Friday,20 October, 2017
Current issue | Issue 1258, (13 - 19 August 2015)
Friday,20 October, 2017
Issue 1258, (13 - 19 August 2015)

Ahram Weekly

Erdogan’s war for votes

Turkish President Recep Tayyip Erdogan has his eyes set on the ultra-nationalist vote for the country’s autumn elections, writes Sayed Abdel-Meguid in Ankara

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Al-Ahram Weekly

His reading of the results of the electoral marathon on 7 June was quick and decisive. His party’s staggering drop in the polls was because he had not sufficiently courted the Turkish right-wing ultra-nationalists.

This is the conclusion that Turkish President Recep Tayyip Erdogan has drawn from the country’s June elections, observers say. He must have imagined that his peace project with the Kurds and the secret negotiations he initiated a couple of years ago with the Kurdistan Workers’ Party (PKK) and its imprisoned leader Abdullah Öcalan drove many of his supporters to cast their votes for the ultra-right Nationalist Movement Party (MHP) headed by Devlet Bahçeli.

Thus, as soon as Erdogan had recovered from the shock of the electoral flop of the Justice and Development Party (AKP), for which he had campaigned so fervently in defiance of the Turkish constitution, he decided to try to win over ultra-nationalist voters for the snap elections he plans for this autumn.

These will be carried out with the support of various vested interest groups, some Islamist, some very moneyed, that had pinned their futures on the AKP’s remaining in power without a partner and regardless of charades about a coalition government. 

It has not taken long for Erdogan to begin his new strategy. On 20 July, the town of Suruç in the southeastern Anatolian province of Sanliurfa was rocked by a suicide bomb attack that killed 34 people and left dozens of others critically wounded.

While the most likely agent behind this attack was the Islamic State (IS) group, as the target was Kurdish activists who had come to Turkey to discuss ways to rebuild Kobani, itself recently recaptured from IS, the Turkish government took this as an opportunity to sound the drums of war.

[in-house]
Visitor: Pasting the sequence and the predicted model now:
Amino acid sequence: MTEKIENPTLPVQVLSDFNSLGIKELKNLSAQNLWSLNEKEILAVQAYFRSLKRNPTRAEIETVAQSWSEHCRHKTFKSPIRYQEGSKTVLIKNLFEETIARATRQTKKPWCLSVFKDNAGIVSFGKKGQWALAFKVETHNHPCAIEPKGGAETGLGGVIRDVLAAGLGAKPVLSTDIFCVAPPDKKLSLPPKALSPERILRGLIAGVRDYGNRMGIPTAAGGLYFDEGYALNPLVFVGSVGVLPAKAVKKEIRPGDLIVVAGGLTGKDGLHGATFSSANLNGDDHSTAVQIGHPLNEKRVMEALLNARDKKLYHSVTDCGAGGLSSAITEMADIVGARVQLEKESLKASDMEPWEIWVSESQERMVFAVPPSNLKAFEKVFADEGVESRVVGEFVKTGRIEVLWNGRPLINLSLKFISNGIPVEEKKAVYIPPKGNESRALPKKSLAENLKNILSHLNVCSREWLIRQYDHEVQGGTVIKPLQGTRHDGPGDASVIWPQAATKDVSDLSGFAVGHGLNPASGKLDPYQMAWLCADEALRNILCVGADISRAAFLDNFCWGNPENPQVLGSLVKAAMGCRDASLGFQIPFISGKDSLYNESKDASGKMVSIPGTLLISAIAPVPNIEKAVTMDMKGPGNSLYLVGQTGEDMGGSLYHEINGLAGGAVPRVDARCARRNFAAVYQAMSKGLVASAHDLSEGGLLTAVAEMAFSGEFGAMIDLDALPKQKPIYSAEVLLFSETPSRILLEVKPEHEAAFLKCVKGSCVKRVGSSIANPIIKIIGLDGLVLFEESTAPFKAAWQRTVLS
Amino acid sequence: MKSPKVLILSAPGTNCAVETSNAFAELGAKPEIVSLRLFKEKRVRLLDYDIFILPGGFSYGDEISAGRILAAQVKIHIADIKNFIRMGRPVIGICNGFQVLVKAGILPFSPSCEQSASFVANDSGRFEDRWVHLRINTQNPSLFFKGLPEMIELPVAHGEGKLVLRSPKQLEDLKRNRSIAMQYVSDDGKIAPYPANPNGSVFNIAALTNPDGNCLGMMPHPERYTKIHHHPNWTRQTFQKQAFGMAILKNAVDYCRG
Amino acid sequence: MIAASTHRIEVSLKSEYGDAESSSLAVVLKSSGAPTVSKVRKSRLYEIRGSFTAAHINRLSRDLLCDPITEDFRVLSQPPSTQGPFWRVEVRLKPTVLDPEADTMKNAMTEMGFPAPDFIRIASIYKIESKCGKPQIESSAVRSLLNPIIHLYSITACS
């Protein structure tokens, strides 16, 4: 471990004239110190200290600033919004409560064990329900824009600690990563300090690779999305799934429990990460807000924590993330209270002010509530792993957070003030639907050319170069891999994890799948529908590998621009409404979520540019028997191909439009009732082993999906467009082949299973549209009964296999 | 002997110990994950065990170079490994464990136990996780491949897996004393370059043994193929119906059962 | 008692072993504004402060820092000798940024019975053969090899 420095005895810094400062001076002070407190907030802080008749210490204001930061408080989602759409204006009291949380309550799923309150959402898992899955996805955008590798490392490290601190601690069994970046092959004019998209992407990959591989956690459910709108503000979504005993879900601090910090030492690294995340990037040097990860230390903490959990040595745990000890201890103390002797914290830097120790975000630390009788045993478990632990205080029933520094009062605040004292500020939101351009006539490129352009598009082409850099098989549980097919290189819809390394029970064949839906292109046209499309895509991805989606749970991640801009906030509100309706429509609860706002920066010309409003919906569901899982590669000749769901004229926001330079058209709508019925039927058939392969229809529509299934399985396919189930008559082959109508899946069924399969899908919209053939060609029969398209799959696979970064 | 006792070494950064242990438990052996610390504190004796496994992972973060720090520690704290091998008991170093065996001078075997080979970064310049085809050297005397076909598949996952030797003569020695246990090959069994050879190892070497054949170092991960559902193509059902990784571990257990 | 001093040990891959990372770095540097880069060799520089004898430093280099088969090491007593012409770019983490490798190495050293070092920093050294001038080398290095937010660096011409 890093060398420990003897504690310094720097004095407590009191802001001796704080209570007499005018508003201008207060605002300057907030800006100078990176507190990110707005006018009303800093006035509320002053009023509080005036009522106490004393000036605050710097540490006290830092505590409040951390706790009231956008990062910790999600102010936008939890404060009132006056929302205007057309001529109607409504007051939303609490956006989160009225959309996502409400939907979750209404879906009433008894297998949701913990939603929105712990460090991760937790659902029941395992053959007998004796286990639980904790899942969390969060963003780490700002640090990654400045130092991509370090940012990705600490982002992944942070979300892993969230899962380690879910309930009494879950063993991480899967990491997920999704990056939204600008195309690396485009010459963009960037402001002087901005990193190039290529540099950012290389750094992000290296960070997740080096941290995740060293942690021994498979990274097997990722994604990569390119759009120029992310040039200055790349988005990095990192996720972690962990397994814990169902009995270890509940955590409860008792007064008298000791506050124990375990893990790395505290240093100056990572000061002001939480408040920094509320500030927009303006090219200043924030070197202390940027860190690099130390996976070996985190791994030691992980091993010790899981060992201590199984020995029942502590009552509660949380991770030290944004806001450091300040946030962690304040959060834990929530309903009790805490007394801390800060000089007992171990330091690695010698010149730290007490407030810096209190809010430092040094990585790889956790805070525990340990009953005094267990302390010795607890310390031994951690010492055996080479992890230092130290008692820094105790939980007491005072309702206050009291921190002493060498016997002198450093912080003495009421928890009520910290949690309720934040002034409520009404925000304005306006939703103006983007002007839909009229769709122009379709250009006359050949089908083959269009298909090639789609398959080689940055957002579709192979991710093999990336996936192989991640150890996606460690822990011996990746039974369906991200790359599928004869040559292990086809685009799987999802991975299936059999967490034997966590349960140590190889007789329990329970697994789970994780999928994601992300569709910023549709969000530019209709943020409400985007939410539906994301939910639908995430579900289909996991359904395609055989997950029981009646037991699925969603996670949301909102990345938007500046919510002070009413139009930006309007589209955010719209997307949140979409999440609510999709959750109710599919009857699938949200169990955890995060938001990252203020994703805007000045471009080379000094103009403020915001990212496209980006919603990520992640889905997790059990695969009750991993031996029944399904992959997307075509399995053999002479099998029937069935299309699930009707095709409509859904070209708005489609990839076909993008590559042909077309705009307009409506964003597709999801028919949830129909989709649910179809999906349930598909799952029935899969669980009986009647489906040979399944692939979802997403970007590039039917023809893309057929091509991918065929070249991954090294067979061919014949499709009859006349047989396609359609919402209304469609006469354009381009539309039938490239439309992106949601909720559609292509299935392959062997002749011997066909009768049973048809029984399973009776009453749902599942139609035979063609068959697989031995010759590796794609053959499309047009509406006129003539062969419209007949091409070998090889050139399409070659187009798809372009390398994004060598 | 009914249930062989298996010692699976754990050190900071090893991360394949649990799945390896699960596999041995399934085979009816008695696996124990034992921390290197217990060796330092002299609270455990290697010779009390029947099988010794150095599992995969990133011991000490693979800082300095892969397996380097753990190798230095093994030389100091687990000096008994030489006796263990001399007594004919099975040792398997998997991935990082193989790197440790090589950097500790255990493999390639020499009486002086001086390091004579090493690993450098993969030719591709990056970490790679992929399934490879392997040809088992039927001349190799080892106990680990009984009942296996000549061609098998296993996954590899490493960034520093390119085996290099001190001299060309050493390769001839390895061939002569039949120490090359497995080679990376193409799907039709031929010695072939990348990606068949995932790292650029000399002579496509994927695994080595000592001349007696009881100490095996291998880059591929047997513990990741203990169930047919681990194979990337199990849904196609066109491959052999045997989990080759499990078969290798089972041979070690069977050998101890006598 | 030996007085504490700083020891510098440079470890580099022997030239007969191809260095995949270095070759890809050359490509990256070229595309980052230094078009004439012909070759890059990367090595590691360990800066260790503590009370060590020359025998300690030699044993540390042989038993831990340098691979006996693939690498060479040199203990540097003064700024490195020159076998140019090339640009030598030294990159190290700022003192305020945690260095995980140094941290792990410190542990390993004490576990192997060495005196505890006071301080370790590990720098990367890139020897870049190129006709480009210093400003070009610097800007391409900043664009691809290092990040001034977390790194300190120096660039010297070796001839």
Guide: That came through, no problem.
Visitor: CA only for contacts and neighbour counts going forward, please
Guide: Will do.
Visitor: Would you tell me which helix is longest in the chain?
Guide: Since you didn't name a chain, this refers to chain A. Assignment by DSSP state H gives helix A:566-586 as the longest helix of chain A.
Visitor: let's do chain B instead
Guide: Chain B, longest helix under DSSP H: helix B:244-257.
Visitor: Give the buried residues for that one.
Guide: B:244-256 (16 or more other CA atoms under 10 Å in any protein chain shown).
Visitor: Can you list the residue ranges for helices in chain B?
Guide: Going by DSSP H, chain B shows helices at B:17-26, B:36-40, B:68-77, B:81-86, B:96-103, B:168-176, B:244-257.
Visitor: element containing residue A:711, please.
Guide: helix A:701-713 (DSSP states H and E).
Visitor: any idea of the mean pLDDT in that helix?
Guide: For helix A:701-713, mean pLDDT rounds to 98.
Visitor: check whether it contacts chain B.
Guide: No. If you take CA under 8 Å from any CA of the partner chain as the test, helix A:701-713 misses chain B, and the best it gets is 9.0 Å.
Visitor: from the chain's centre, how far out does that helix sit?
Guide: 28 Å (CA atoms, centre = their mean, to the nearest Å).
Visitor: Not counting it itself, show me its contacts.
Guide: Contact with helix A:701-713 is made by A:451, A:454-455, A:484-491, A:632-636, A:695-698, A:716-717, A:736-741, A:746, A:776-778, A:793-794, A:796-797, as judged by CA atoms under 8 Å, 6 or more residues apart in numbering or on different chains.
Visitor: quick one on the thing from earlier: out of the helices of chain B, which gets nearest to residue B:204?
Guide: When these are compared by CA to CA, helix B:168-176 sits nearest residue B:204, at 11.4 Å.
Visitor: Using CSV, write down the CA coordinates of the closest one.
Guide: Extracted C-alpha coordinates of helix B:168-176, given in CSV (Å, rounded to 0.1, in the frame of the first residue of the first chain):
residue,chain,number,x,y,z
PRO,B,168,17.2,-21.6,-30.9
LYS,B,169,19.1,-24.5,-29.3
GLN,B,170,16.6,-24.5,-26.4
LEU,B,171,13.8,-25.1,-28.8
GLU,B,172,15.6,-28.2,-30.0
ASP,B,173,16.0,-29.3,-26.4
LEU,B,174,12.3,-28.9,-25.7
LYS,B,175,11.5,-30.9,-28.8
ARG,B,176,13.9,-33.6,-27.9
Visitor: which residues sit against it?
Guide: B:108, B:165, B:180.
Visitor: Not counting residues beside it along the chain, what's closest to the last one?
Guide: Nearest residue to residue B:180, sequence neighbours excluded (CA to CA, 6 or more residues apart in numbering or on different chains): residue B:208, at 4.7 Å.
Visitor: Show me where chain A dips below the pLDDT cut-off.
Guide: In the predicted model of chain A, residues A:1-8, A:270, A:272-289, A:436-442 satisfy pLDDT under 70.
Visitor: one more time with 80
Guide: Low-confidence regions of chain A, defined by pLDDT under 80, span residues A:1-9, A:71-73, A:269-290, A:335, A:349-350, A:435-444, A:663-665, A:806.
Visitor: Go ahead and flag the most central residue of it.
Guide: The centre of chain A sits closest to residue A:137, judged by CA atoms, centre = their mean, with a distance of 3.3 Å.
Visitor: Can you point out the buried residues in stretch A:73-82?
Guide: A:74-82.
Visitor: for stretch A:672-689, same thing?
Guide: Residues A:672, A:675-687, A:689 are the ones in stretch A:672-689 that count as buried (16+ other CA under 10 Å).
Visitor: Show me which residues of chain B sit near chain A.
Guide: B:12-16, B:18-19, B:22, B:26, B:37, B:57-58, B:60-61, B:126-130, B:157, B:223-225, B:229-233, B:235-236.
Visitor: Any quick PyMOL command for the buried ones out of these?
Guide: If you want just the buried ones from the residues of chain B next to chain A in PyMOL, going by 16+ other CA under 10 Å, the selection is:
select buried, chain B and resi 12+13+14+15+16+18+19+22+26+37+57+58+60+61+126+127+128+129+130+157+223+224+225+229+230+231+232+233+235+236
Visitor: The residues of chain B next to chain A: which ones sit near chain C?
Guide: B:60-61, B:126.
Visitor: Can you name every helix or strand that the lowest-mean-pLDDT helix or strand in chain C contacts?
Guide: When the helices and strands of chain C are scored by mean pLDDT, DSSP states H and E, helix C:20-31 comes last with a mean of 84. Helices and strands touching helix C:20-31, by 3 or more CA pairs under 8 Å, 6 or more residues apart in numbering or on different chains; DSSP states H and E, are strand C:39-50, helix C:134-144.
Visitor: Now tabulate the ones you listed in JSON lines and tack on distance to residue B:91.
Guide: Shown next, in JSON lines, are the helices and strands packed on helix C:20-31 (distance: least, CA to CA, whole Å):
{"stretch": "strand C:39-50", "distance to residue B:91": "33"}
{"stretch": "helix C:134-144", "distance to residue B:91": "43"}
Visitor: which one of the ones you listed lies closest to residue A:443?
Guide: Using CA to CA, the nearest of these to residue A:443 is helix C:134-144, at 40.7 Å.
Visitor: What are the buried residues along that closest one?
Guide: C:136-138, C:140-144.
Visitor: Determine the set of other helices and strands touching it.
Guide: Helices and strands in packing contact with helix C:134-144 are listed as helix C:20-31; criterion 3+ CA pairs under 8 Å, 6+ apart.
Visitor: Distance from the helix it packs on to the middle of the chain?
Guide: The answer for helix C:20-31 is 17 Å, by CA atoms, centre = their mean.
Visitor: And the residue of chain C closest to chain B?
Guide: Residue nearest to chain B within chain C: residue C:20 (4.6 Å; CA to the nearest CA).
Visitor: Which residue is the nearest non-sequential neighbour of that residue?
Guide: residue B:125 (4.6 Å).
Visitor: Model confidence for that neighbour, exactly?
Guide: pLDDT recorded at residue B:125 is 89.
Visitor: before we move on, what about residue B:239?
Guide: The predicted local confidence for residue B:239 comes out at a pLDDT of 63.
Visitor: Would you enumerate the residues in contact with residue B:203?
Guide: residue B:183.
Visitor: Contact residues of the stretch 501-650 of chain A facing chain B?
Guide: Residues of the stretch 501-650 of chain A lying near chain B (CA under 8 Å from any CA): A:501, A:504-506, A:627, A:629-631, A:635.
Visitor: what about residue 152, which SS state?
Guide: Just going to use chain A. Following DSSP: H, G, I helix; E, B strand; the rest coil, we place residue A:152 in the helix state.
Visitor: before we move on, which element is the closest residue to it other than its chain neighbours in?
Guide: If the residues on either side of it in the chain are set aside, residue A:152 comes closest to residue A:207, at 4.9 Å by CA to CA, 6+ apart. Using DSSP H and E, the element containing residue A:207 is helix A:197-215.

This was done instead of launching an investigation into the security lapses that may have made the attack possible, and on the surface the war drums were in line with the demands of the US-led coalition against IS.

However, Turkey’s guns were aimed more at the Kurdish peace process and by extension the country’s largest ethnic minority. The purpose may not have been to kill the peace process, but there was an intention to create a climate in which ultra-nationalist and anti-Kurdish passions can be manipulated in the run-up to elections that will probably take place in November. 

According to Erdogan’s calculations, those elections, held against a hate-filled backdrop, will secure his AKP the overwhelming majority he needs in order to push through the constitutional amendments necessary to transform Turkey’s system of government into a presidential one, thereby crowning the imperial authority he has already begun to wield.

As for the chronic Kurdish question, perhaps Erdogan will condescend to consider this again after he gets what he wants in the elections.

However, it appears that the fighter planes dispatched on “high-precision” missions to attack PKK camps in northern Iraq have failed to accomplish the envisioned scenario, notably because of a change, even if seemingly small, in the ranks of those who until recently have taken little interest in public affairs. This has also been reflected in the Turkish press, which in spite of restrictions continues to voice its opinion on what is happening in the country.